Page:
# VertRefresh may be a comma separated list of discrete values, or a
# comma separated list of ranges of values.
# NOTE: THE VALUES HERE ARE EXAMPLES ONLY.  REFER TO YOUR MONITOR'S
# USER MANUAL FOR THE CORRECT NUMBERS.

    VertRefresh 50-100

# Modes can be specified in two formats.  A compact one-line format, or
# a multi-line format.

# These two are equivalent

#    ModeLine "1024x768i" 45 1024 1048 1208 1264 768 776 784 817 Interlace

#    Mode "1024x768i"
#        DotClock       45
#        HTimings       1024 1048 1208 1264
#        VTimings       768 776 784 817
#        Flags          "Interlace"
#    EndMode

# This is a set of standard mode timings. Modes that are out of monitor spec
# are automatically deleted by the server (provided the HorizSync and
# VertRefresh lines are correct), so there's no immediate need to
# delete mode timings (unless particular mode timings don't work on your
# monitor). With these modes, the best standard mode that your monitor
# and video card can support for a given resolution is automatically
# used.

# 640x400 @ 70 Hz, 31.5 kHz hsync
Modeline "640x400"     25.175 640  664  760  800   400  409  411  450
# 640x480 @ 60 Hz, 31.5 kHz hsync
Modeline "640x480"     25.175 640  664  760  800   480  491  493  525
# 800x600 @ 56 Hz, 35.15 kHz hsync
ModeLine "800x600"     36     800  824  896 1024   600  601  603  625
# 1024x768 @ 87 Hz interlaced, 35.5 kHz hsync
#Modeline "1024x768"    44.9  1024 1048 1208 1264   768  776  784  817 Interlace

# 640x480 @ 72 Hz, 36.5 kHz hsync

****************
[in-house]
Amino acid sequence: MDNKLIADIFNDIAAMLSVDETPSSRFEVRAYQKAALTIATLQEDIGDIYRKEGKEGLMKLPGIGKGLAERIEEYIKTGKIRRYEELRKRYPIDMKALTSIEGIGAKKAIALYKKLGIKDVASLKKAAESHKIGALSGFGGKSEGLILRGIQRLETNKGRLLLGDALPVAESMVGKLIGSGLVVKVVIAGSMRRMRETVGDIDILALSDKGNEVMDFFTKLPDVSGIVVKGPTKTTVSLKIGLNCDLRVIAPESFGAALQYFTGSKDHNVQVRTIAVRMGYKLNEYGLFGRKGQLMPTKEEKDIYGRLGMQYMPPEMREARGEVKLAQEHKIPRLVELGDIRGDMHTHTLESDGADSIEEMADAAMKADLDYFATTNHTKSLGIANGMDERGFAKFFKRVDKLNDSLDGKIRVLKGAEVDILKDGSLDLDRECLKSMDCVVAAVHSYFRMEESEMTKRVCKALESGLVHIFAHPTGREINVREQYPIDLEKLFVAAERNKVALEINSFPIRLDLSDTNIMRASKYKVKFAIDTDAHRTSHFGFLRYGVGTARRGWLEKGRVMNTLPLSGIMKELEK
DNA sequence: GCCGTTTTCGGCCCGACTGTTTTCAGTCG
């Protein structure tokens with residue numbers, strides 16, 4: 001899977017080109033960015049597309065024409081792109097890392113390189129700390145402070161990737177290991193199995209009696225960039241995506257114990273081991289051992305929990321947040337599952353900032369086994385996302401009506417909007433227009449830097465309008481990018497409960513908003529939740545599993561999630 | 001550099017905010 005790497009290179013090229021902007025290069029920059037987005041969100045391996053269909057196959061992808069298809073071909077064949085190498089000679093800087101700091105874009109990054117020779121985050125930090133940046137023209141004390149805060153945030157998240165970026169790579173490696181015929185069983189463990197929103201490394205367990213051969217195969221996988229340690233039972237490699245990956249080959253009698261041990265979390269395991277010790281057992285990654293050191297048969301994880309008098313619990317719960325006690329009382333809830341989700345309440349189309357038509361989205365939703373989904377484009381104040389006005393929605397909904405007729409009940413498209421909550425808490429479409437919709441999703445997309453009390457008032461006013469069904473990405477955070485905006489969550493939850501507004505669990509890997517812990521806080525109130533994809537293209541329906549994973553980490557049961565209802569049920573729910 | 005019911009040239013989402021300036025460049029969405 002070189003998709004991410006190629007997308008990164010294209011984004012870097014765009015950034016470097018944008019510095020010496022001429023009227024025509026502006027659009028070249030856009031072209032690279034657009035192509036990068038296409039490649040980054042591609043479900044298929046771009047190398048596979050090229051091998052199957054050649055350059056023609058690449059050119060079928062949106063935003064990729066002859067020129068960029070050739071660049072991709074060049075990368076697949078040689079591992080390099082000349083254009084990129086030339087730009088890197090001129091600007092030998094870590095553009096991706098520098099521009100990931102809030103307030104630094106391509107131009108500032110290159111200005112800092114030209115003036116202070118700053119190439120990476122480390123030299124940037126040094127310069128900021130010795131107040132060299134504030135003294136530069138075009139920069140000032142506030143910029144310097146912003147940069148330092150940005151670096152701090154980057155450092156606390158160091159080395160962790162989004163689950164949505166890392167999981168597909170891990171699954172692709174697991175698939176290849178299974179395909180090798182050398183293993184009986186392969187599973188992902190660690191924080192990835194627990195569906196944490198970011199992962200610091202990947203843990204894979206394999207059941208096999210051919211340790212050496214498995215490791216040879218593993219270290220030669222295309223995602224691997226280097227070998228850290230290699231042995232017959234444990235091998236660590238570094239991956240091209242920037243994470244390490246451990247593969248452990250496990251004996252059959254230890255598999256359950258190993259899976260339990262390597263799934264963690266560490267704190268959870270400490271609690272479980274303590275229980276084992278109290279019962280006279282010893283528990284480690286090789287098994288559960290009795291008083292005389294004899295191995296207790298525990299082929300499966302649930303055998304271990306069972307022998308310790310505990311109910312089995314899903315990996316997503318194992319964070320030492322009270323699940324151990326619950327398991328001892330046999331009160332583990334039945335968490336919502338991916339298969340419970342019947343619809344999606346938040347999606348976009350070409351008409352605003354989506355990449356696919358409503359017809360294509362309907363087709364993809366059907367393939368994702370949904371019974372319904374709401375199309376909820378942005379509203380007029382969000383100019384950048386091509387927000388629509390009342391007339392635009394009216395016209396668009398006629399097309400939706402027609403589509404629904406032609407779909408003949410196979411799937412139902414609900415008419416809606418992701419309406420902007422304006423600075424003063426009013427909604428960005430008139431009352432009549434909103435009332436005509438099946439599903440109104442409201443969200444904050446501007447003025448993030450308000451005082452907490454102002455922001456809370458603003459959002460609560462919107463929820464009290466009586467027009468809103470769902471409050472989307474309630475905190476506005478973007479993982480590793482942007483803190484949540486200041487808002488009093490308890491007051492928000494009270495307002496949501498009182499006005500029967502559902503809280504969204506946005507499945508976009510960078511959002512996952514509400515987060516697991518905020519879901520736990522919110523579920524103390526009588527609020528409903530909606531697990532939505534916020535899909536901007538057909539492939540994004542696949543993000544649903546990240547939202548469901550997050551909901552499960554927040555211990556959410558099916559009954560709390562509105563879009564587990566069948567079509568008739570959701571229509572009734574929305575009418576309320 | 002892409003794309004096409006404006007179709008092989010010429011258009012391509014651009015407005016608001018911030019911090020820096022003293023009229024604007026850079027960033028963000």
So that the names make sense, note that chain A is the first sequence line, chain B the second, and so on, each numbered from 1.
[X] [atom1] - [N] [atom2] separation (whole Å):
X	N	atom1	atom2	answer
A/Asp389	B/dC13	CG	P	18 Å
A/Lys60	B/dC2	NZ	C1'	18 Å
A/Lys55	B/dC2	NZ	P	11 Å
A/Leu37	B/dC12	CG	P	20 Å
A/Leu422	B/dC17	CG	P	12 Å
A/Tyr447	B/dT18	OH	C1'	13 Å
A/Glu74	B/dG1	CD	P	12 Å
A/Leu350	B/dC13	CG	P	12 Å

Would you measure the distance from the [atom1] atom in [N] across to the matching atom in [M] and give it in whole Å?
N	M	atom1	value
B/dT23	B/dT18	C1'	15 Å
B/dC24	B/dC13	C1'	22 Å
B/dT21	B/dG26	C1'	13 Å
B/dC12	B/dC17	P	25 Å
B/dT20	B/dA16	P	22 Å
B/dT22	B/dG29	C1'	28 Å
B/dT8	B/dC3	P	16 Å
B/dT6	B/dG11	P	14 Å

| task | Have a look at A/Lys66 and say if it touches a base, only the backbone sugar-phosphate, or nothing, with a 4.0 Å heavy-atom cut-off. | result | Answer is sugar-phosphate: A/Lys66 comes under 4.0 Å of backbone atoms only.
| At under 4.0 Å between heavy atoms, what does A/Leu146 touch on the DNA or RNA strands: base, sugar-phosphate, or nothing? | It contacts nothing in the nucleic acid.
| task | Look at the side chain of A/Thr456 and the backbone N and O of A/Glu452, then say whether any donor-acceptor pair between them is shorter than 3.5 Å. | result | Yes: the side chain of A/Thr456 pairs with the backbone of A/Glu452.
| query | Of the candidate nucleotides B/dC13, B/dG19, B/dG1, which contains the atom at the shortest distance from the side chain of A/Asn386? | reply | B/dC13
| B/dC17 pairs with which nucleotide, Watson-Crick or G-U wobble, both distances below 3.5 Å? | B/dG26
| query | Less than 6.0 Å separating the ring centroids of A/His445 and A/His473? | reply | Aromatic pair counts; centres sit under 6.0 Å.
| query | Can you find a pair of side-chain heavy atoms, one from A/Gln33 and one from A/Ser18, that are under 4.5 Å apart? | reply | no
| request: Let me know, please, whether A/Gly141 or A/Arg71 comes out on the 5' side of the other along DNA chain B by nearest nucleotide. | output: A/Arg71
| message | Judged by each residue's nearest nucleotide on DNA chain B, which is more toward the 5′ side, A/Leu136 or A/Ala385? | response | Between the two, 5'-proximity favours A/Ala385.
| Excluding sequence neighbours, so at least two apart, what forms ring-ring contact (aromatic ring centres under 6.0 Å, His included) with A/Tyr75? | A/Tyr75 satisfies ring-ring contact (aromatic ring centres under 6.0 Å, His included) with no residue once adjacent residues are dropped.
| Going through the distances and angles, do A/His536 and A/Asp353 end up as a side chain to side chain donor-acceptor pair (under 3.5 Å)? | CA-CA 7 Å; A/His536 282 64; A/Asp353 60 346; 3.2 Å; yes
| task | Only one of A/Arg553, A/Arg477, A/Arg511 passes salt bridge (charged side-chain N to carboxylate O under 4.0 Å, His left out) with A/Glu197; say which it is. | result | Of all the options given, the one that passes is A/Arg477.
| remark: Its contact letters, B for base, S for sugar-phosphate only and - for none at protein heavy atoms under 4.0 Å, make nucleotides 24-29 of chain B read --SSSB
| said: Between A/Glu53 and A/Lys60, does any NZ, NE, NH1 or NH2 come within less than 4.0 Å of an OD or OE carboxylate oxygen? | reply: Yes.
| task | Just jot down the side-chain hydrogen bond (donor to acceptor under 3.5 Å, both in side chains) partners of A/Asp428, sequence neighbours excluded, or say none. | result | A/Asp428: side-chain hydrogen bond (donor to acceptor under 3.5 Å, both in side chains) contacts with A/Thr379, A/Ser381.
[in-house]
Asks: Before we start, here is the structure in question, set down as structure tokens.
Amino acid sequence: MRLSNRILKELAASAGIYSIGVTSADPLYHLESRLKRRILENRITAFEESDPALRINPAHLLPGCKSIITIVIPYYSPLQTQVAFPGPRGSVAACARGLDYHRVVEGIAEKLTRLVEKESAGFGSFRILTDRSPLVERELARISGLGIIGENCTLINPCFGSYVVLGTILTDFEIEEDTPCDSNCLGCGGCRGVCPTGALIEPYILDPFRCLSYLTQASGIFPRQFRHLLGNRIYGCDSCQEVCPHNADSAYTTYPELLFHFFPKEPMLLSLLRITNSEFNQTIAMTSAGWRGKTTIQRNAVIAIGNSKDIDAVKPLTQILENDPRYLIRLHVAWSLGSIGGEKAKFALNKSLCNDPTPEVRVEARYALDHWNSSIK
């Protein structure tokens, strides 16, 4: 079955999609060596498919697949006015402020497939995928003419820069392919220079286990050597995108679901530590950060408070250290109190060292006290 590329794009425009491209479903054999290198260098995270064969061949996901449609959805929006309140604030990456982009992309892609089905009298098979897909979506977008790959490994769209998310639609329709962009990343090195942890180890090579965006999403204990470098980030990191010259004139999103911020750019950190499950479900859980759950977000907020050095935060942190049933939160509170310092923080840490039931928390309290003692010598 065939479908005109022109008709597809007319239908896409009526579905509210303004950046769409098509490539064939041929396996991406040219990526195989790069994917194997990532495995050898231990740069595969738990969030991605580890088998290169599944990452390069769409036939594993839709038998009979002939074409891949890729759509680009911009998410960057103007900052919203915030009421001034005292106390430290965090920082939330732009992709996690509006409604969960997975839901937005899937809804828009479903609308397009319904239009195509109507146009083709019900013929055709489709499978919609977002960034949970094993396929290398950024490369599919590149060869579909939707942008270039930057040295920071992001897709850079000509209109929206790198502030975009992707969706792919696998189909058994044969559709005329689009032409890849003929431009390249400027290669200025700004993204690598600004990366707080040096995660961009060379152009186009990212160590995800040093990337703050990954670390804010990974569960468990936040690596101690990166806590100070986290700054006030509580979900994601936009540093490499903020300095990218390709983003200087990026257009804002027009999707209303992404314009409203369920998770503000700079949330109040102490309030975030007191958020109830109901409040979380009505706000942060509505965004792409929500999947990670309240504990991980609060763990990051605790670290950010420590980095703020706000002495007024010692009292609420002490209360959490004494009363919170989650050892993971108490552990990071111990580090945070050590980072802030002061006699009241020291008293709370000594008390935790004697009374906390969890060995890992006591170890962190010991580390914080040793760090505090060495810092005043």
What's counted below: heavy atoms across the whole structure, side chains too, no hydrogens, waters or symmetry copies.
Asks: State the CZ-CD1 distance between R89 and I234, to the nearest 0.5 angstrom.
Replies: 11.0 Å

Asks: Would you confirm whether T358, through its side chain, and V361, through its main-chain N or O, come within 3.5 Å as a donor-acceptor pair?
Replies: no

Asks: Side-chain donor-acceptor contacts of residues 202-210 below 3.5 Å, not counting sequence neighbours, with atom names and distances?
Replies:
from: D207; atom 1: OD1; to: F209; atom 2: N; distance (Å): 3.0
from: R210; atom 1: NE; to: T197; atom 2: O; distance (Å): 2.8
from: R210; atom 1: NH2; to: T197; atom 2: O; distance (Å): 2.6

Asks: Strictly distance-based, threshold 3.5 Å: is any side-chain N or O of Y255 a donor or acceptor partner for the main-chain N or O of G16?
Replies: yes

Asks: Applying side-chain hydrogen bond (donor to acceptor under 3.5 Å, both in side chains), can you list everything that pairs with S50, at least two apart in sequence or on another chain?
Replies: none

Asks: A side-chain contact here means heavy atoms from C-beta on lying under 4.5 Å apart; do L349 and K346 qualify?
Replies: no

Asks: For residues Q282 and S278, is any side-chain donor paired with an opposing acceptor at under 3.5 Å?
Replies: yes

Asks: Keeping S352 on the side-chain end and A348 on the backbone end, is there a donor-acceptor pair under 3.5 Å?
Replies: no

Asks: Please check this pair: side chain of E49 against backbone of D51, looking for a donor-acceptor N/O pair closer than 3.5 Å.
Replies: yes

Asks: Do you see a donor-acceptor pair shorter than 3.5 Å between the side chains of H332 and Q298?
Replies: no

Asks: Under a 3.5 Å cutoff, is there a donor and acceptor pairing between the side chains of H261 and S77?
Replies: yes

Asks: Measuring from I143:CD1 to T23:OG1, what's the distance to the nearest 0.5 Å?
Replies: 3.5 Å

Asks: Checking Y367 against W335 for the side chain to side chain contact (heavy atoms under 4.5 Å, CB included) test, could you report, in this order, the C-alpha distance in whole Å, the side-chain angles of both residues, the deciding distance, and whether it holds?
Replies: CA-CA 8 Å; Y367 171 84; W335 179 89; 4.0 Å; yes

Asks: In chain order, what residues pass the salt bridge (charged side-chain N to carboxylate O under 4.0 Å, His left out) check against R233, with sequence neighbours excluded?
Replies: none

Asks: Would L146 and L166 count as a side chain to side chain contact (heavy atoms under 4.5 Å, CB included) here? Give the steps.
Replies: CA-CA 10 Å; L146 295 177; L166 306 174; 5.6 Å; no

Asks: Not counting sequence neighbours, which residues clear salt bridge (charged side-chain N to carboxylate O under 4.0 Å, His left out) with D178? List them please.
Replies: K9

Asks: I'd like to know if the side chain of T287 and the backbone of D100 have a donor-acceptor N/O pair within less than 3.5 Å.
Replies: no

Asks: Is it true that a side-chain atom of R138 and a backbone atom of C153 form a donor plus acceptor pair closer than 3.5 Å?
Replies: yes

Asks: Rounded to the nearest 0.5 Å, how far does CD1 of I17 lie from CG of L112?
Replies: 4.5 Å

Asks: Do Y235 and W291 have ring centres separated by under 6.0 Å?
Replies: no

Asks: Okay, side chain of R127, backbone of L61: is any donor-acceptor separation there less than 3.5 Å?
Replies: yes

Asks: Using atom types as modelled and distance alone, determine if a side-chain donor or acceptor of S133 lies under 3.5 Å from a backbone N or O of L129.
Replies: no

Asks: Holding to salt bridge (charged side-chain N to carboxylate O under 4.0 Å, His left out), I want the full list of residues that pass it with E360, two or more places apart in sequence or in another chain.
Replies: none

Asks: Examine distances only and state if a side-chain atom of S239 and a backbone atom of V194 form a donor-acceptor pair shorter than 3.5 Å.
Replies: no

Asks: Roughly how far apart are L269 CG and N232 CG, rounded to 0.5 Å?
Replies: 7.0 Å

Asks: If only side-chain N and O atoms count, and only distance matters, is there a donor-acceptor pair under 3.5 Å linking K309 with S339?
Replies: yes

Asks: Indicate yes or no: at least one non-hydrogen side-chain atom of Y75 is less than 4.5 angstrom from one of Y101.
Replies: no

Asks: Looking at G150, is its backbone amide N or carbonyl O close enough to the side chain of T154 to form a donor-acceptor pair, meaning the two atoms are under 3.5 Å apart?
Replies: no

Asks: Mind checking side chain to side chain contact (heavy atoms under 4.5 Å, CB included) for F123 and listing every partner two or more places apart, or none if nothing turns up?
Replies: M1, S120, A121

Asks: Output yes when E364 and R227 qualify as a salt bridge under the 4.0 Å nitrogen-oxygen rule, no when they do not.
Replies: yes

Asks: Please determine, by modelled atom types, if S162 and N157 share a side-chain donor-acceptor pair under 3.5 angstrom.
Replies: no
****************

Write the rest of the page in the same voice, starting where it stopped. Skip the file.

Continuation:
Modeline "640x480"     31.5   640  680  720  864   480  488  491  521
# 800x600 @ 60 Hz, 37.8 kHz hsync
#Modeline "800x600"     40     800  840  968 1056   600  601  605  628 +hsync +vsync
Modeline "800x600"     40     800  856 1040 1056   600  600  626  628 +hsync +vsync

# 800x600 @ 72 Hz, 48.0 kHz hsync
#Modeline "800x600"     50     800  856  976 1040   600  637  643  666 +hsync +vsync
# 1024x768 @ 60 Hz, 48.4 kHz hsync
#Modeline "1024x768"    65    1024 1032 1176 1344   768  771  777  806 +hsync +vsync

# 1024x768 @ 70 Hz, 56.5 kHz hsync
#Modeline "1024x768"    75    1024 1048 1184 1328   768  771  777  806 +hsync +vsync
# 1280x1024 @ 87 Hz interlaced, 51 kHz hsync
#Modeline "1280x1024"   80    1280 1296 1512 1568  1024 1025 1037 1165 Interlace

# 1024x768 @ 76 Hz, 62.5 kHz hsync
Modeline "1024x768"    85    1024 1032 1152 1360   768  784  787  823 +hsync +vsync
# 1280x1024 @ 61 Hz, 64.2 kHz hsync
#Modeline "1280x1024"  110    1280 1328 1512 1712  1024 1025 1028 1054

# 1280x1024 @ 74 Hz, 78.85 kHz hsync
#Modeline "1280x1024"  135    1280 1312 1456 1712  1024 1027 1030 1064